Don’t Forget These Two Great Natural Preservatives

A glass measuring cup contains dark, liquid ingredients for organic soap in the background, foreground reads "'Preservative-free' products aren't necessarily good."

 

Generalities aren’t usually good for business. In the world of natural products, for instance, it’s nearly a given that preservatives are a bad thing. But if you’re in the business of making making and selling natural products, thinking in generalities could mean you’re missing out on a chance to extend their shelf life.

 

The Natural Preservative Option

Natural ingredients have natural expiration dates — that’s what being natural means. Since the majority of cosmetics and personal care items are stored in the bathroom, it’s important to include some ingredients with preservative qualities to protect from the plethora of disruptive bacteria that can turn a good product bad rather quickly. Poorly preserved products not only have limited shelf lives, but they also pose a health risk to consumers.

On the other hand, however, some consumers find that certain preservatives — like parabens — cause adverse skin reactions. And the rise of “preservative-free” products isn’t necessarily helping anyone.

The issue isn’t preservatives themselves. It’s the artificial nature of most skincare preservatives that causes problems. Many are petroleum-based, and along with the countless other synthetic ingredients in commercial products, artificial preservatives can cause skin and allergic reactions, especially over time, for those with skin sensitivities.

 

Rosemary Extract

Woman crushes natural rosemary with white mortar and pestle

The good news is, preservatives don’t have to be artificial. At Botanie Soap, we offer two natural preservative options, Rosemary Extract and Vitamin E Oil. Both are natural antioxidants, a characteristic that helps extend product shelf life. One of these products — Rosemary Extract — we use in our own soaps.

Rosemary extract (Rosmarinus officinalis) is the main natural preservative we use. As a natural antioxidant, Rosemary Extract helps extends the shelf life of our bars, preventing those unsightly brown spots that can form over time on bar soap as a result of oxidation.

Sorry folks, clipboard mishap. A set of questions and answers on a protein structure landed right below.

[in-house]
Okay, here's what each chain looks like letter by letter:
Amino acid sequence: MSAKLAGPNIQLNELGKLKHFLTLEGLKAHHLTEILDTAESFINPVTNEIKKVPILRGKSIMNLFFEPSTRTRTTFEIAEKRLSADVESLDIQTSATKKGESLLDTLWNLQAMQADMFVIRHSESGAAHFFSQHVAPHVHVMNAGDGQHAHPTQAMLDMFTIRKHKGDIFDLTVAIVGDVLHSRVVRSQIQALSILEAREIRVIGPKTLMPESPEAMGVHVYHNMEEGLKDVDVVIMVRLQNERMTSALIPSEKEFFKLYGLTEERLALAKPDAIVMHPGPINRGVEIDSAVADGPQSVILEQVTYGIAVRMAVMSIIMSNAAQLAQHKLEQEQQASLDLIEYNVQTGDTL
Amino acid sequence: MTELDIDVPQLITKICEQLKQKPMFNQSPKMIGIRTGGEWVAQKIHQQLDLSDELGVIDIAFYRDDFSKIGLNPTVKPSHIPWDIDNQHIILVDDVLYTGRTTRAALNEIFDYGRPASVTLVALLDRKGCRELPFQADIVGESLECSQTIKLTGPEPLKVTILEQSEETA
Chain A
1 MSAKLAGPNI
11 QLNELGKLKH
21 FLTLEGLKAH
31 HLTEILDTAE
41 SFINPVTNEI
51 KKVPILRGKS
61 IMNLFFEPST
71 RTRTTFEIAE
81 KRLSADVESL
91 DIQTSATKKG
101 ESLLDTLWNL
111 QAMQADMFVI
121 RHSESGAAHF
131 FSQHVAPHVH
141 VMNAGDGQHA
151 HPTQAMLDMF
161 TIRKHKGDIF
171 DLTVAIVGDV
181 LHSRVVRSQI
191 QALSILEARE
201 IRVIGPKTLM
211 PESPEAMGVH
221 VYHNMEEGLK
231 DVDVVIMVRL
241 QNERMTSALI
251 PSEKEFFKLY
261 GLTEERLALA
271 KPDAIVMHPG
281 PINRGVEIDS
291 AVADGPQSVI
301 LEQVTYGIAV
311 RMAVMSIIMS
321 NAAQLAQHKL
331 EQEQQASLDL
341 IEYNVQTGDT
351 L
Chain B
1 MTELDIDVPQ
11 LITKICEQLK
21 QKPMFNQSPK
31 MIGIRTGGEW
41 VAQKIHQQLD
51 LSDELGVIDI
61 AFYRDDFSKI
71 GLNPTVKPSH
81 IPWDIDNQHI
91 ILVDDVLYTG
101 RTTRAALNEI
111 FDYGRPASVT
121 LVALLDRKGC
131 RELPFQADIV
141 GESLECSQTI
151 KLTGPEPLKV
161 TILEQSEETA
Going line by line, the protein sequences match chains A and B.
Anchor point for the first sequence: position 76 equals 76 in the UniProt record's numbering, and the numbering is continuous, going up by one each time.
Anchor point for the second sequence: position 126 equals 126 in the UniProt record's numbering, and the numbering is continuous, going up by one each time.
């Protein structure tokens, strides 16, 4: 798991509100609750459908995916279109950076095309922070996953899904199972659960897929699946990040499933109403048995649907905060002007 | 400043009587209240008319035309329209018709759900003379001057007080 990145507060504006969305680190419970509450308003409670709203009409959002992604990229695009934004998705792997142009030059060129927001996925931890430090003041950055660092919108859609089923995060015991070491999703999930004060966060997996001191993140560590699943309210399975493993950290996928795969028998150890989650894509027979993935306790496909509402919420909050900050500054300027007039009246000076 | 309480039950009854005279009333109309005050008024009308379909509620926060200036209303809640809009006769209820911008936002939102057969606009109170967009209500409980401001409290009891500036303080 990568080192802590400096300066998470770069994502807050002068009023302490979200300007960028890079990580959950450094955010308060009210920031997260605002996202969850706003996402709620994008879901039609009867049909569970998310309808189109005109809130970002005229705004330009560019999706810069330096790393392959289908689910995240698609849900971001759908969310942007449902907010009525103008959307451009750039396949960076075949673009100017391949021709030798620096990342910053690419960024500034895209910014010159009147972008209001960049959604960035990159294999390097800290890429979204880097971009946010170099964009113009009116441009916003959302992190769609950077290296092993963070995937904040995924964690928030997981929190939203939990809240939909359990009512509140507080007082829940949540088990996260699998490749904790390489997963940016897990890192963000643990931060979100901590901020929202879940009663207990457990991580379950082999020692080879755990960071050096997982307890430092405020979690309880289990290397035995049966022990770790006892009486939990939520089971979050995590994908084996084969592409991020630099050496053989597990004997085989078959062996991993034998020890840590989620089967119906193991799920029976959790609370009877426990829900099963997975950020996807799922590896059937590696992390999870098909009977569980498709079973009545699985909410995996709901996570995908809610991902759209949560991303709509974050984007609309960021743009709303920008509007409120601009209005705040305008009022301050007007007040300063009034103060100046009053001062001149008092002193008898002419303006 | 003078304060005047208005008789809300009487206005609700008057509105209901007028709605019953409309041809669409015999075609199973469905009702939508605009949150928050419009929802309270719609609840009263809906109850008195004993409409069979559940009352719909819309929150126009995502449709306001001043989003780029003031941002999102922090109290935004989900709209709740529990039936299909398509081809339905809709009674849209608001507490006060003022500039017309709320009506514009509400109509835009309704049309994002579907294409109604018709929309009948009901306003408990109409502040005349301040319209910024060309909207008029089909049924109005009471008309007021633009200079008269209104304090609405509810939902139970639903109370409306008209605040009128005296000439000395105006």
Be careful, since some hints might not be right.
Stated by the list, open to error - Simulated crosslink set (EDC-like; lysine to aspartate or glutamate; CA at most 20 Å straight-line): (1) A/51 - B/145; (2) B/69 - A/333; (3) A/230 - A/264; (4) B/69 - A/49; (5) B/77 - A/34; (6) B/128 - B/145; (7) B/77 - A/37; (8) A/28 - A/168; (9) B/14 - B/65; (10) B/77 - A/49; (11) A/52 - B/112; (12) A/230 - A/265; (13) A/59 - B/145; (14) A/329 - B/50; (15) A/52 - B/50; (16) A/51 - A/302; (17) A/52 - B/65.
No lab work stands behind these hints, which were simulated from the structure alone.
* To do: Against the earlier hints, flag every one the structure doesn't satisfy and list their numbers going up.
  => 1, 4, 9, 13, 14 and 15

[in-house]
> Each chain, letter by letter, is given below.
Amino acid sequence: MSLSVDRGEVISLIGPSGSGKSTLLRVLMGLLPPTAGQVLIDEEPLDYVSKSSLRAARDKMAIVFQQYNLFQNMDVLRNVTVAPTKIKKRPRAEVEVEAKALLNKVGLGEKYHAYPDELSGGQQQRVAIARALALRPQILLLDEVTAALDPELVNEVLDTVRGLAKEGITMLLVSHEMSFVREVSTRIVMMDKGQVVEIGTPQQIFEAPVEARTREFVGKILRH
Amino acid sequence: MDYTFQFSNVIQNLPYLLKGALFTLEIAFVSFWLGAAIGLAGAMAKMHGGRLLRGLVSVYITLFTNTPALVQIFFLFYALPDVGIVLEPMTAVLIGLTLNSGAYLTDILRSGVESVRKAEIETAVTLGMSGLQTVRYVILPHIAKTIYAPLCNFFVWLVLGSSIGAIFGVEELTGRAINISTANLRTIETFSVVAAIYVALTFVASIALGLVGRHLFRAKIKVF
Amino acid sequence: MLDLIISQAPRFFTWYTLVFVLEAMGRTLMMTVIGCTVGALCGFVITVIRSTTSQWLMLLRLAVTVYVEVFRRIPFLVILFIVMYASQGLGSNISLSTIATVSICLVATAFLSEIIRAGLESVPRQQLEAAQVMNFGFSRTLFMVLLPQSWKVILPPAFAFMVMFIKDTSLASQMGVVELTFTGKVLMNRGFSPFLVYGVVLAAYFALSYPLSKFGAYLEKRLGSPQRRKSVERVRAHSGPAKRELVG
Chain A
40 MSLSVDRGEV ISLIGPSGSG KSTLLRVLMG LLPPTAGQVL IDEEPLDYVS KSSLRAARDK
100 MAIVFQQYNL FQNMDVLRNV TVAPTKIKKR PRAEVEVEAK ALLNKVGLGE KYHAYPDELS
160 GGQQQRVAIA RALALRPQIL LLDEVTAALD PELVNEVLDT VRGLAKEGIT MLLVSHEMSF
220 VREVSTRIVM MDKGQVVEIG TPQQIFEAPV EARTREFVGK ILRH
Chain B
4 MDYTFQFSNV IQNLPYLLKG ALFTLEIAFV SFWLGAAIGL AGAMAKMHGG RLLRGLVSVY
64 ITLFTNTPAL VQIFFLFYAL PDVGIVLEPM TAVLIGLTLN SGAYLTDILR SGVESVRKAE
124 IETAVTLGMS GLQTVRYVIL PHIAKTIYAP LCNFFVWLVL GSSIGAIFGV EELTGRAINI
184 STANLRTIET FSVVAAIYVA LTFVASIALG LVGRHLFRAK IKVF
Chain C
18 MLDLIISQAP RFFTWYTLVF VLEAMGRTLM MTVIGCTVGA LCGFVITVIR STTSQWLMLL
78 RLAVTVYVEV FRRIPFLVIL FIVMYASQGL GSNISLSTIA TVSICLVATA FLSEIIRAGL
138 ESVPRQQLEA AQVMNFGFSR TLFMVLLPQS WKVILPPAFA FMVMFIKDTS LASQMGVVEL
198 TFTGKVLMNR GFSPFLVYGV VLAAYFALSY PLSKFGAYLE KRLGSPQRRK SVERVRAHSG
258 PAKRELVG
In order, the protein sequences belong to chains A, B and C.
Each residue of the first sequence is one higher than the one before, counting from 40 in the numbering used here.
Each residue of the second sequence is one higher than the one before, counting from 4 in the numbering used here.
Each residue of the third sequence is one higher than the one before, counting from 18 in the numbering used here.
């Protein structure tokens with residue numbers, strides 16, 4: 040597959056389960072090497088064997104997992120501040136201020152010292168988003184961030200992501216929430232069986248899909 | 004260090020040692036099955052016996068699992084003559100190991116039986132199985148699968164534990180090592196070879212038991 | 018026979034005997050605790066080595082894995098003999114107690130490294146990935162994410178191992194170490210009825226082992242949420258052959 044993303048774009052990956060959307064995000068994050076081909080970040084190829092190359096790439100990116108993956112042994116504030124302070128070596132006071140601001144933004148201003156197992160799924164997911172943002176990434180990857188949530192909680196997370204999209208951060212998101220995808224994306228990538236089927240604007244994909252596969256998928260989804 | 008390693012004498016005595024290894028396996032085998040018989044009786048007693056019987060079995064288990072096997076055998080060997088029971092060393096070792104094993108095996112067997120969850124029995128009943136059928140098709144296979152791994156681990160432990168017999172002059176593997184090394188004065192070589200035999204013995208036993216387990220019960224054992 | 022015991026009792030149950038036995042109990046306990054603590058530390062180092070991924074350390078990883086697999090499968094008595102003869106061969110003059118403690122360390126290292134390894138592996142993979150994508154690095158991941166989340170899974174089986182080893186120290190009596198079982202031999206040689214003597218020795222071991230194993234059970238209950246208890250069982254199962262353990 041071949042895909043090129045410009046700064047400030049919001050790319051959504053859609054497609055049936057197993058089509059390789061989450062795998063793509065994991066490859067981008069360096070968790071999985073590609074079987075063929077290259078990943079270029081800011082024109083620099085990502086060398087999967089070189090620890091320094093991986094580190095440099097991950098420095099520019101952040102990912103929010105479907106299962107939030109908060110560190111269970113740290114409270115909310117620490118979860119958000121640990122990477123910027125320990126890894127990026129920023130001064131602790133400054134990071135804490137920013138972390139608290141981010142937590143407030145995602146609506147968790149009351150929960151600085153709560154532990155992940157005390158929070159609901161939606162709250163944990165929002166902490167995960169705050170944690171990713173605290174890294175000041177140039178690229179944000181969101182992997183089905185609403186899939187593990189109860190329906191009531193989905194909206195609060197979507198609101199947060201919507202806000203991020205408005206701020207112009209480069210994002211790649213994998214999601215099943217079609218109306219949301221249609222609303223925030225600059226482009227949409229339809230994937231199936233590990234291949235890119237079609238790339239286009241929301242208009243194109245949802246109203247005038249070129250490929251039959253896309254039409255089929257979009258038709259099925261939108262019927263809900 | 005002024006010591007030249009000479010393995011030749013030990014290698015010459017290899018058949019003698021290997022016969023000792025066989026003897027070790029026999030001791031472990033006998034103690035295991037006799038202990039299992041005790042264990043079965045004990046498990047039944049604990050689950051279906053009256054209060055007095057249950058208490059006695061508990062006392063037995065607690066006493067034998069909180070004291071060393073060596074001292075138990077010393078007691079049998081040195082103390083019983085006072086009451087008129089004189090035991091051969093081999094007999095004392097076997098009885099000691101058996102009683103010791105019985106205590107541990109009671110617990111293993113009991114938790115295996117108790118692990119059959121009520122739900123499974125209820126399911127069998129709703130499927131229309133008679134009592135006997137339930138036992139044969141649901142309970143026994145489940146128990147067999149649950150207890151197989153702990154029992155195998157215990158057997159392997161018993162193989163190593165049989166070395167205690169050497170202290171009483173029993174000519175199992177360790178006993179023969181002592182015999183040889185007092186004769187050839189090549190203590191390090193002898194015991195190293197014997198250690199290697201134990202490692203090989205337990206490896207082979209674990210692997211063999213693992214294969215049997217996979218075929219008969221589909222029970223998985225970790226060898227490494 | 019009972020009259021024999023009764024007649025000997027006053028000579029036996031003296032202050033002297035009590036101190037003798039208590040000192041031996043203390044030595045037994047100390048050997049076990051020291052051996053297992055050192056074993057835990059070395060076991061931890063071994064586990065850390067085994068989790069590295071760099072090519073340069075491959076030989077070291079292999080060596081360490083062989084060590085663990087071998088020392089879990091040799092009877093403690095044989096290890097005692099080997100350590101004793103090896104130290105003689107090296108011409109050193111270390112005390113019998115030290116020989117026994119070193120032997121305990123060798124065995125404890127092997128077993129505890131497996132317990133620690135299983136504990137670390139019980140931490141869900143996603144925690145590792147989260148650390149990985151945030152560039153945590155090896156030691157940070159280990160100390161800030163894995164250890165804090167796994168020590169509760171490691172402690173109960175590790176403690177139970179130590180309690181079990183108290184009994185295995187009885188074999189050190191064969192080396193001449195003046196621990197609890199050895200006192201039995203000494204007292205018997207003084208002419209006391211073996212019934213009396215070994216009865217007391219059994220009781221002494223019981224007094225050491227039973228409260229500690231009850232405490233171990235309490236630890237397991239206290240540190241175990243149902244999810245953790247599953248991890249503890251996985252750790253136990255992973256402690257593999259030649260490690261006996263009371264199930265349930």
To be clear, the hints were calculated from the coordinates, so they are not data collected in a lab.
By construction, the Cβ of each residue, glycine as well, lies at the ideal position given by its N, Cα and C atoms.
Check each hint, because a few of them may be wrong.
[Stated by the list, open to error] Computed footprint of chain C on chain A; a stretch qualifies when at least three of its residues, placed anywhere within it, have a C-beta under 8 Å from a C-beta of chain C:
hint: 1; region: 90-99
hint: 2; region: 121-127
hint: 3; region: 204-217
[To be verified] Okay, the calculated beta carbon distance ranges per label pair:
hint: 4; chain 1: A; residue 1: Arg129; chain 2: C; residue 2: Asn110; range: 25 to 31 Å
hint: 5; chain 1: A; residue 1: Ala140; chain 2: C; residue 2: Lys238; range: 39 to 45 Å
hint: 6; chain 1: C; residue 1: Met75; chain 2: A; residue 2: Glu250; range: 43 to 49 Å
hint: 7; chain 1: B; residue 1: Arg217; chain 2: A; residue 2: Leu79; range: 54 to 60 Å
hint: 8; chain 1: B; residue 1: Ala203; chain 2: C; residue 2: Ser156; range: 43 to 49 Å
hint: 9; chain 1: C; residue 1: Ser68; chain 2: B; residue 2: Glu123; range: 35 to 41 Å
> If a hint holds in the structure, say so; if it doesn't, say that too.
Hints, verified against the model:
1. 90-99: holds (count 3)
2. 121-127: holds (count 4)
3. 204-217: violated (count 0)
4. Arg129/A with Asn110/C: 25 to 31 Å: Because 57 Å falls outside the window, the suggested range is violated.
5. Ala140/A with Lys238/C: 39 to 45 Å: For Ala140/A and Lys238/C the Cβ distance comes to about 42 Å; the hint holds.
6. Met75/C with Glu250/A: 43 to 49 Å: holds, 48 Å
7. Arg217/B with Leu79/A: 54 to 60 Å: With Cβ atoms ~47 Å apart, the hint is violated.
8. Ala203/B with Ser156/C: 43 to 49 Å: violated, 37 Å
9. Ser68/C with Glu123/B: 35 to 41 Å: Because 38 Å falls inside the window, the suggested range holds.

Rosemary extract serves a similar purpose in the base-oil formulations for balms, creams, and lotions. For soapmakers looking to include rosemary extract in their recipe, it’s important to understand that the saponification process does not affect its preservative qualities.

 

Vitamin E Oil

Clear bottles filled with red liquid Vitamin E oil

Like rosemary extract, Vitamin E (T-50) oil (tocopherol) is a natural antioxidant. Antioxidants are nature’s way of neutralizing oxidative stressors in our environment, which can lead to early expiration dates for natural products but also harmful effects on the body. Some examples of oxidative stressors on the skin include UV radiation, emotional stress or poor diet. Our bodies typically produce antioxidants to balance everything out — but as we grow older, it becomes more of a challenge to ensure the correct antioxidant-to-free radical ratio in our bodies.

To this point, antioxidants like Vitamin E (T-50) oil or rosemary extract also benefit the skin. When used in higher quantities, its moisturizing properties can help improve the condition of aging and scarred skin by fighting free radical damage. Also similar to rosemary extract, Vitamin E oil works equally well in the recipes for bar soap, balms, creams, and lotions.

It’s always important to stay informed about the ingredients in your skincare products, especially in an industry where ingredients aren’t always revealed completely. It’s equally important to look beyond generalities. Once you realize you have a natural preservative option and don’t have to sacrifice shelf life to maintain your commitment to natural products, everything you make and sell will live longer on the shelf.

 

Originally Published: June 20, 2016

Updated: April 25, 2019